This quote captures my concern that East Ramapo is just the tip of the iceberg. Over the last 10 years, we’ve seen the largest recession since the Great Depression, a large increase in unemployment, and a significant loss in home values which, coincidentally, are taxed to support the schools. Yet, the costs that are out of control “are rising alarmingly fast.” Needless to say, the current rate of growth in education spending is unsustainable in the current system. I’ve written before how school districts in NY create a structure that exacerbates social inequality, and I question the ability of a school district like Schenectady to continue to fund the budgetary growth in a community with so many children qualifying for free and reduced lunch that free food is provided to all students.
The rising costs are leading to social friction. In this last year’s budget discussion, the district held a series of meetings to get community input on where to cut to meet the $10MMUSD shortfall. One of the options was to eliminate a pay raise for staff. At my table, not only was this option emphatically supported, but it was coupled with resentment, anger, and in one case resignation that it wouldn’t happen because of the strength of the unions. Is this a prelude of an East Ramapo revolt?
A couple of things to note: East Ramapo has similar expenditures (even per pupil) as Albany, and all districts have been increasing spending dramatically over the last 10 years despite a dramatic downturn in 2008. The typical caveats to the data apply, but it’s clear that unless district expenditures fall in line with broader economic growth, rightly or wrongly the extremism that happened in East Ramapo will appear in other districts, especially given the loss in the tax base. It doesn’t have to.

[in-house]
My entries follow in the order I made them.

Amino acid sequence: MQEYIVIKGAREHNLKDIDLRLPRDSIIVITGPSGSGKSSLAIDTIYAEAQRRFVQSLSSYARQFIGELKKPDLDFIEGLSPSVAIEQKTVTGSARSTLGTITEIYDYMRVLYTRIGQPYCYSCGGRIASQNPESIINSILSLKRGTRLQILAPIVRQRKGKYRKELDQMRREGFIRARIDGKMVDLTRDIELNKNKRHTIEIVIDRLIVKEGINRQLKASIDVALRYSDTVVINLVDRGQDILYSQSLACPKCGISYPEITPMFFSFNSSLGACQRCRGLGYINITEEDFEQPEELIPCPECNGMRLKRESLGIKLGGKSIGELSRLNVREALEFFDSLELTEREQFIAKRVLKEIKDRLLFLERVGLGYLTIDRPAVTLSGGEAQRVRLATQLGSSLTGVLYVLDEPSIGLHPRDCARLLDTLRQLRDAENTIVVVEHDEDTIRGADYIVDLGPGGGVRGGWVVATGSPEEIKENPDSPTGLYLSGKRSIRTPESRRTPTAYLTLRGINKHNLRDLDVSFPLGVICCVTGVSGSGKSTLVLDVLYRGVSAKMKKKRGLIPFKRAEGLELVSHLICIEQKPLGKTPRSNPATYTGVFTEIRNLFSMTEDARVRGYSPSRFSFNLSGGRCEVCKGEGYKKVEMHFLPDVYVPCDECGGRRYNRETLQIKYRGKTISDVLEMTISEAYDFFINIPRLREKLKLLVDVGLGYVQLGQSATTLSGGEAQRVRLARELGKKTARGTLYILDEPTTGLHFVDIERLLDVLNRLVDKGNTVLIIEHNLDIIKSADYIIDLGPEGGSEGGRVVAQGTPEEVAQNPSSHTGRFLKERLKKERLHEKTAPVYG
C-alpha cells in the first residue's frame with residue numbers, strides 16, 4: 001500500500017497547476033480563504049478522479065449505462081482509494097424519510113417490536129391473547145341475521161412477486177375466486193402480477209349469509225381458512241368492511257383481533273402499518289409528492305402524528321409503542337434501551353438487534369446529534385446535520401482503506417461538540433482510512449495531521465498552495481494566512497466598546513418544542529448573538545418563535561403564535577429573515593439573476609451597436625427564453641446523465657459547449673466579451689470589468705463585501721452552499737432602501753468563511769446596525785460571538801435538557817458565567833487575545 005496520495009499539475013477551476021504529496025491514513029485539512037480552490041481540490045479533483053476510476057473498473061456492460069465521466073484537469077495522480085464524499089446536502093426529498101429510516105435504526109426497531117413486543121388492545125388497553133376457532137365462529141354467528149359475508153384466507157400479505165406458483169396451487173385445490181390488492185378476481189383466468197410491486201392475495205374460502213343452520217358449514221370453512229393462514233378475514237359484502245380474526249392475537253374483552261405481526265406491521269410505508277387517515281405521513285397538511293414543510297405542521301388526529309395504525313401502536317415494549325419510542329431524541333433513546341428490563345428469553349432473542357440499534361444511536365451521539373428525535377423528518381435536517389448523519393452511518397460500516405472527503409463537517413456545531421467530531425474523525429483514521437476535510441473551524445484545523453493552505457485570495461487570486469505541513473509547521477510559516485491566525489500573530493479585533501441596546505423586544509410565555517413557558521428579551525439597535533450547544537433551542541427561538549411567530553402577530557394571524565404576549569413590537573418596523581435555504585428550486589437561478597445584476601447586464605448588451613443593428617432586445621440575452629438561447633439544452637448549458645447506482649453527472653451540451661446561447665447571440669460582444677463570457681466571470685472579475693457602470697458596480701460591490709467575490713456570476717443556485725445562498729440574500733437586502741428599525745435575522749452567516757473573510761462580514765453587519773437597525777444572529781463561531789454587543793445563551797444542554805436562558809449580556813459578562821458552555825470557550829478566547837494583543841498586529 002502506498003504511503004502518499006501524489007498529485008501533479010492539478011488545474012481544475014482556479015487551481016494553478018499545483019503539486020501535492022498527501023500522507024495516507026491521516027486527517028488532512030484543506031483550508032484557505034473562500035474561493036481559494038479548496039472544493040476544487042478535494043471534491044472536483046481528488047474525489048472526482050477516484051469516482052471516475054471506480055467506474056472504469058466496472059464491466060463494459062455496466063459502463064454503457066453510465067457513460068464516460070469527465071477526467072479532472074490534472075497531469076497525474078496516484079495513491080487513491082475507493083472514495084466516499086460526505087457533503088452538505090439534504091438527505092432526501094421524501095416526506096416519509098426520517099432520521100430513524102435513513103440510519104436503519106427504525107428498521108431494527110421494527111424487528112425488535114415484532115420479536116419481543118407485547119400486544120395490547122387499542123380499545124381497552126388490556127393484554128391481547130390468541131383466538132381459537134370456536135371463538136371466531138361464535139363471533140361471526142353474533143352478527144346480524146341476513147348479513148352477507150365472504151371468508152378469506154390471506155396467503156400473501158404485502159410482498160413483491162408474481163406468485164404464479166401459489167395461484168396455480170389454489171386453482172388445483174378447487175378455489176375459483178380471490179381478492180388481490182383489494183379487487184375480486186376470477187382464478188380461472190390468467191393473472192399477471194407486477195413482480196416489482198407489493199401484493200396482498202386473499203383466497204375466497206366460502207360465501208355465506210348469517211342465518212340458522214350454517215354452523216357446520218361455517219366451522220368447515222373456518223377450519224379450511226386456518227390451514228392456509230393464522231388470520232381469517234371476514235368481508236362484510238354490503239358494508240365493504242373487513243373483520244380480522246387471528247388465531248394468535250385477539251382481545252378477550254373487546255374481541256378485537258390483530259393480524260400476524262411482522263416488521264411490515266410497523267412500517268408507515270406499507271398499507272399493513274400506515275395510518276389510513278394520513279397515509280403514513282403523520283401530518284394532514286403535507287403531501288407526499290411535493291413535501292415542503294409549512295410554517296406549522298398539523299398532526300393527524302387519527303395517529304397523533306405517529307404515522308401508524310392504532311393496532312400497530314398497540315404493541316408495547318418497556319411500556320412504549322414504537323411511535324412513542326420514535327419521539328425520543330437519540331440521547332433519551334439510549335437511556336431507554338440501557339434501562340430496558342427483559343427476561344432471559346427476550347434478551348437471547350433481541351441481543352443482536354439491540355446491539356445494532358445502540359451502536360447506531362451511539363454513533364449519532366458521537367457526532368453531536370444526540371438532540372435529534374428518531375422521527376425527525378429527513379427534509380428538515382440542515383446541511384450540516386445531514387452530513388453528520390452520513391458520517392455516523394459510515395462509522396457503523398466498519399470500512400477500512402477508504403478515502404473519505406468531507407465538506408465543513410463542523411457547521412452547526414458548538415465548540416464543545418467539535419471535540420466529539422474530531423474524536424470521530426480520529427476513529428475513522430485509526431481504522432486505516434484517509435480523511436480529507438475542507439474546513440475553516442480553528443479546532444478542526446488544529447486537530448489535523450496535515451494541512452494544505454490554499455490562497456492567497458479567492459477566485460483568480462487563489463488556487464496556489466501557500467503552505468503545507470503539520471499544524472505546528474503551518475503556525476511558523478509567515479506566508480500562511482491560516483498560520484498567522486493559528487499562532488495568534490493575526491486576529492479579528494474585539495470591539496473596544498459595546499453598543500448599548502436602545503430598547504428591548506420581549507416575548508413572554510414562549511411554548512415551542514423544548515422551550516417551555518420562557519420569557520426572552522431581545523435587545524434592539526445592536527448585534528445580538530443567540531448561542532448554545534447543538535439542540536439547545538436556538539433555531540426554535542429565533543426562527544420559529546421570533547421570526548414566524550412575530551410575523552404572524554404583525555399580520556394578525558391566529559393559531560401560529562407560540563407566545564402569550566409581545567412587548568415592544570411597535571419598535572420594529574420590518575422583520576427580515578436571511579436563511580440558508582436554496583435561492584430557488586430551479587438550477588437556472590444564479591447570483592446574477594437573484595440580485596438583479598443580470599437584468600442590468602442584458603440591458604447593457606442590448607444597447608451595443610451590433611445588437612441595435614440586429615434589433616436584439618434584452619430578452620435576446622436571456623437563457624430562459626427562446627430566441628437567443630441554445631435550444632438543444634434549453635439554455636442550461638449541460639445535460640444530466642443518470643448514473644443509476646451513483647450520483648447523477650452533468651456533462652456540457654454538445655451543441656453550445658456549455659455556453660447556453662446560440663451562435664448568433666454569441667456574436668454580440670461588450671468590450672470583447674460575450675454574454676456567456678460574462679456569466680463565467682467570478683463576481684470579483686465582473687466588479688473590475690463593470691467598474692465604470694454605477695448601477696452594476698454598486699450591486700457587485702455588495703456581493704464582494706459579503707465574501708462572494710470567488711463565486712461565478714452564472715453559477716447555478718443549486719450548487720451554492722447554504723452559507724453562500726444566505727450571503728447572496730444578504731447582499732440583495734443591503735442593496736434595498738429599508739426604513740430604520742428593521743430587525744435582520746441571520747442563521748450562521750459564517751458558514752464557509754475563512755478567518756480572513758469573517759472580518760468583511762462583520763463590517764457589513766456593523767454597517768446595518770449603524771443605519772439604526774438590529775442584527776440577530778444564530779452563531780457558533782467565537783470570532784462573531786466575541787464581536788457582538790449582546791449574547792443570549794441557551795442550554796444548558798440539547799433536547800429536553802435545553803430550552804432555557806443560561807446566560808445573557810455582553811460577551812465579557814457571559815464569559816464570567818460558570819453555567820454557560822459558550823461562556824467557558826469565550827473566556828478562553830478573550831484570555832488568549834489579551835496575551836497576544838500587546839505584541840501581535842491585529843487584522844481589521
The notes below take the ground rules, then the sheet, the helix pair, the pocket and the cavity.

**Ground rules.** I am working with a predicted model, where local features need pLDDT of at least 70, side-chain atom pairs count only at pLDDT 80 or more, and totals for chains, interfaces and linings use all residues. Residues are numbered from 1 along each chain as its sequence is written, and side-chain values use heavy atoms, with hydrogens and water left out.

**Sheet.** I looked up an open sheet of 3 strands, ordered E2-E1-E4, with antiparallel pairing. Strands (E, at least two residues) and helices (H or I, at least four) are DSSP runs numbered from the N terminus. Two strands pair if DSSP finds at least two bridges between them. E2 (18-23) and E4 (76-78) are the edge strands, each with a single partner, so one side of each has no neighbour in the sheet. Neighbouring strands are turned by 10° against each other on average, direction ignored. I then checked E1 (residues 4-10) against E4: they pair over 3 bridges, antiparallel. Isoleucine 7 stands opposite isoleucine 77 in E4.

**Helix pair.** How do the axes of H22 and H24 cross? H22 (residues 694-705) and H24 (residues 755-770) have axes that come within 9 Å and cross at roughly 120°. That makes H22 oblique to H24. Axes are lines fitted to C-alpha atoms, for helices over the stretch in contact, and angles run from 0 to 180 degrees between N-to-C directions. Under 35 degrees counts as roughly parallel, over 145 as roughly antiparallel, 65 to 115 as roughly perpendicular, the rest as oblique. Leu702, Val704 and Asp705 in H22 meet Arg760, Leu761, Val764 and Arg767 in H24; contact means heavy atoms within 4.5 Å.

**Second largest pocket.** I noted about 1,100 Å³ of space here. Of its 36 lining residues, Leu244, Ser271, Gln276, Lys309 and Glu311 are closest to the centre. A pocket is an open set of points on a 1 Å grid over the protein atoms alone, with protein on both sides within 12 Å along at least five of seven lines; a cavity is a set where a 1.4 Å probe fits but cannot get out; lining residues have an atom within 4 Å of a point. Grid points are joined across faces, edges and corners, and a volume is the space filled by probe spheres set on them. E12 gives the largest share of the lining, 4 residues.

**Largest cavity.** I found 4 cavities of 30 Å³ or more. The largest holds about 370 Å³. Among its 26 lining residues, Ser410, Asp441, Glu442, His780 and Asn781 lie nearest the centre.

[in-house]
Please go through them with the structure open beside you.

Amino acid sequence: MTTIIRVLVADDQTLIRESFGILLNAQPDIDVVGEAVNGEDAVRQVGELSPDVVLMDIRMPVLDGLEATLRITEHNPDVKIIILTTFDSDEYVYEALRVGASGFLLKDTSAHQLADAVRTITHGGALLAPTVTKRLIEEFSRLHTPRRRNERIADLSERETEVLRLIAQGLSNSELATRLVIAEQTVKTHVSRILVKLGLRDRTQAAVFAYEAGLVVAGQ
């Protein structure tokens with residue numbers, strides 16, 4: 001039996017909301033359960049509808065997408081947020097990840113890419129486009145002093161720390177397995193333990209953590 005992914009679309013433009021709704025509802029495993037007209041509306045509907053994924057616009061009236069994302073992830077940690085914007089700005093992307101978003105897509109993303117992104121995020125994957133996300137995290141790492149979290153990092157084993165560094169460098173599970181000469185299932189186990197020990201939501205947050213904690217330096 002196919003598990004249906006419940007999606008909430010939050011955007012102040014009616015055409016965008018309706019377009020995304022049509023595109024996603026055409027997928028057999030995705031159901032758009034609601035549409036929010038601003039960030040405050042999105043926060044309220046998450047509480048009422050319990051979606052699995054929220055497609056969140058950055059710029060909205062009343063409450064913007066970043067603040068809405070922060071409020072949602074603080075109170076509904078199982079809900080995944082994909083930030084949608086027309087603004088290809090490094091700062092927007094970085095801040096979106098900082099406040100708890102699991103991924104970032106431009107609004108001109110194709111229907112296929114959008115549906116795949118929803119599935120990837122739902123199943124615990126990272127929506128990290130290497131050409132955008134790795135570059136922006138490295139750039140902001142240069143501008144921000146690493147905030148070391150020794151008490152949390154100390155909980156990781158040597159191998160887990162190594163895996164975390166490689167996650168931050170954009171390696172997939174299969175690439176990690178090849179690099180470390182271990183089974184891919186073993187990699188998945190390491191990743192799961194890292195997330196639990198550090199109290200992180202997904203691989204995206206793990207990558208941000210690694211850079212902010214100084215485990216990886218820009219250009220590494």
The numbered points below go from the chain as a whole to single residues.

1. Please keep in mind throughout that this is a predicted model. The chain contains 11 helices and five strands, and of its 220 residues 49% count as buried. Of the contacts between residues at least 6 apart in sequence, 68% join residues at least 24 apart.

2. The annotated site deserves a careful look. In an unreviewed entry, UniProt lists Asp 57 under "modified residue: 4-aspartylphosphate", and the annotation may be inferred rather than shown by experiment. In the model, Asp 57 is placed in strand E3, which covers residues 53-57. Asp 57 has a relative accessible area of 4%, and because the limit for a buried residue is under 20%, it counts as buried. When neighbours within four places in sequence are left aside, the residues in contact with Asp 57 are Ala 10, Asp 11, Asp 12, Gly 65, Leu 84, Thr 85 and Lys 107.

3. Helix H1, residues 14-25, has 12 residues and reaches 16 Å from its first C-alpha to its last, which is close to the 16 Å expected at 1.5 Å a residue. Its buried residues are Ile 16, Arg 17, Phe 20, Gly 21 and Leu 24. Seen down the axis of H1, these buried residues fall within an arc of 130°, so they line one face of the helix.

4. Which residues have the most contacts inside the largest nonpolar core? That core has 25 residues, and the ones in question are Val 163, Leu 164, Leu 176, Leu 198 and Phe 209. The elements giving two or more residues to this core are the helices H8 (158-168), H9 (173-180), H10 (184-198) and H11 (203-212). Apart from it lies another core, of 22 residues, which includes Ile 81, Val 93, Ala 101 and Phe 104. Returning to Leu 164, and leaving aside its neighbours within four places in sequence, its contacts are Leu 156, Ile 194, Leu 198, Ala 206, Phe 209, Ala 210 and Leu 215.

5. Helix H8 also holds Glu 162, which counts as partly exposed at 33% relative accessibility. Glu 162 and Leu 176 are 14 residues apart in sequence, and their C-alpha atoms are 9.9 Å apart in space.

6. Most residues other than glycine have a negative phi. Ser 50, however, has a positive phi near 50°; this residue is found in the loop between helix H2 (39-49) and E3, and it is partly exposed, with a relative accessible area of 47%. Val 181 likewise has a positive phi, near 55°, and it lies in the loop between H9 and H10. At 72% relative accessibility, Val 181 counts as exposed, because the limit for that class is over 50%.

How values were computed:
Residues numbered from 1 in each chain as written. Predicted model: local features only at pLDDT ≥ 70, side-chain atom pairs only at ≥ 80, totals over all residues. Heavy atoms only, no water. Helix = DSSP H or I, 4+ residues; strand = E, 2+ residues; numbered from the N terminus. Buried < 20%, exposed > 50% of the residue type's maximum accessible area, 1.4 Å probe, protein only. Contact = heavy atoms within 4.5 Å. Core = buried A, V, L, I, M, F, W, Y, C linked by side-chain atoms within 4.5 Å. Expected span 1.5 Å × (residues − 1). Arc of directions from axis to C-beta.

Finally, school districts need to do a better job of reaching out to those who do not have ties to the school. As the average age for starting a family increases and the population as a whole ages out of schools, districts will have to work even harder to convince voters in NY to approve tax increases. I want to see a larger presence for the students in the community. Have displays at Proctors of student art, give public performances at neighborhood meetings, and/or incorporate positive community projects into the curriculum and improve the city while teaching students.
School districts across NY state are on an unsustainable budgetary path. Unless district leaders, politicians, union leaders, and the public make compromises, the drastic cuts to school programs seen at East Ramapo will become more common; we all, not just future generations, will be worse off because of it.